“I don’t think it could have ended any better. I will always have a little piece of Ava with me, so she’s not gone forever,” says Joelle Carter to Gold Derby in our recent video chat (watch below). Regarding the final season of the FX hit “Justified,” she adds, “They ended her like a true Elmore Leonard woman gets to end. For her own story, she gets away with it all.”
This one-time supporting player was such a strong presence this year that she is going to be submitted for Best Drama Actress. Do you think she will reap her first-ever Emmy nomination? Make your predictions and you could win our $1,000 prize as well as a place of honor on our leaderboard and a starring role in next year’s Top 24 Users (the two dozen folks who do the best predicting this year’s Emmys line-up).
Carter has played Ava Crowder, a Kentucky woman with many sides to her character, for the six-year run of this modern western. While she could be a good person, she also killed at least two people, ran a brothel, attempted to take over the drug underworld, and ultimately stole $10 million. She was in an unusual and complicated triangle with her outlaw boyfriend/fiancee Boyd Crowder (Walton Goggins) and U.S. Marshal Raylan Givens (Timothy Olyphant).
The final few episodes had her shooting Boyd, hiding in the hills, getting caught, and ultimately driving off after a shootout. The finale jumped forward in time by four years to show that Ava had truly gotten away from the law to California before Raylan showed up. He didn’t arrest her, though, and discovered she had a son that Boyd never knew.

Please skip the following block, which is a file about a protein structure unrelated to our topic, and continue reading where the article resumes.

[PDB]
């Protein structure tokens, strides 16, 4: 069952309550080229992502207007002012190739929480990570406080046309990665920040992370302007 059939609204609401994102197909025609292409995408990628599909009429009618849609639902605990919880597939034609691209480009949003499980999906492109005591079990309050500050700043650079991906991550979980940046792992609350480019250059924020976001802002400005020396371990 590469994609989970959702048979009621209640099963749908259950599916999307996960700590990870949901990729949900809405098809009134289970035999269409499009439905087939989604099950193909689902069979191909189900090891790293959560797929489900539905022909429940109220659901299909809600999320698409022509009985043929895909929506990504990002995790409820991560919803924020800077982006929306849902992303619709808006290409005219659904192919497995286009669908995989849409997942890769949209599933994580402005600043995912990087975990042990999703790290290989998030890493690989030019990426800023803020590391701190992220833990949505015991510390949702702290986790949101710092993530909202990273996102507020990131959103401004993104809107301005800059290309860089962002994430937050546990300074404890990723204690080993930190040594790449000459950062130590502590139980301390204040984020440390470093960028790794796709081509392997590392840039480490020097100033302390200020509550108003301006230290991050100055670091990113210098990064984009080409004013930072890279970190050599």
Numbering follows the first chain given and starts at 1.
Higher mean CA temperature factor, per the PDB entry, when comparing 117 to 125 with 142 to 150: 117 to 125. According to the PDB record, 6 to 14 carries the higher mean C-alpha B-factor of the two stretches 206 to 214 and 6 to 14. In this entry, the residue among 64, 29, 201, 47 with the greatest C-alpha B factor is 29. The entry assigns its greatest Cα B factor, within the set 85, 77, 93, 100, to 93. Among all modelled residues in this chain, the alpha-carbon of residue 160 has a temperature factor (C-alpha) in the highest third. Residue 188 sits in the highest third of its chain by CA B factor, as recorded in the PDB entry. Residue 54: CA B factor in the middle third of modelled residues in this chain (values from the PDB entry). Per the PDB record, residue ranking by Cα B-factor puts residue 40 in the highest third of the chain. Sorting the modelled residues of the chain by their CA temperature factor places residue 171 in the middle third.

Of that concluding episode, she admits, “I don’t think anybody expected that. There was so much back-and-forth after season five. Who was going to live and who was going to die? I think almost everybody wanted to die except for me. And we knew they weren’t going to kill Raylan pretty much because you kinda can’t kill the hero. But I think Walton was the big question mark and the marshals.”
However, if nominated, she says she might submit the third episode titled “Noblesse Oblige.” The opening shows Ava and Boyd after drinking all night. She then gets summoned by Raylan to a meeting about her confidential informant role but can’t hardly hide the fact she is drunk. She likes that one because a voter would “see a lot of flavors of Ava; the dramatic, the funny, the charismatic, and everything about her.”
And of her final “bittersweet” appearance: “I just tried to digest everything Ava had gone through in the past six years and her actually being able to escape. And knowing that she probably really hadn’t slept that well since the four years before. Also, I feel like she knew someday she would be standing face-to-face with Raylan. So it was a really a layer-packed scene to open that door and him stand there.”
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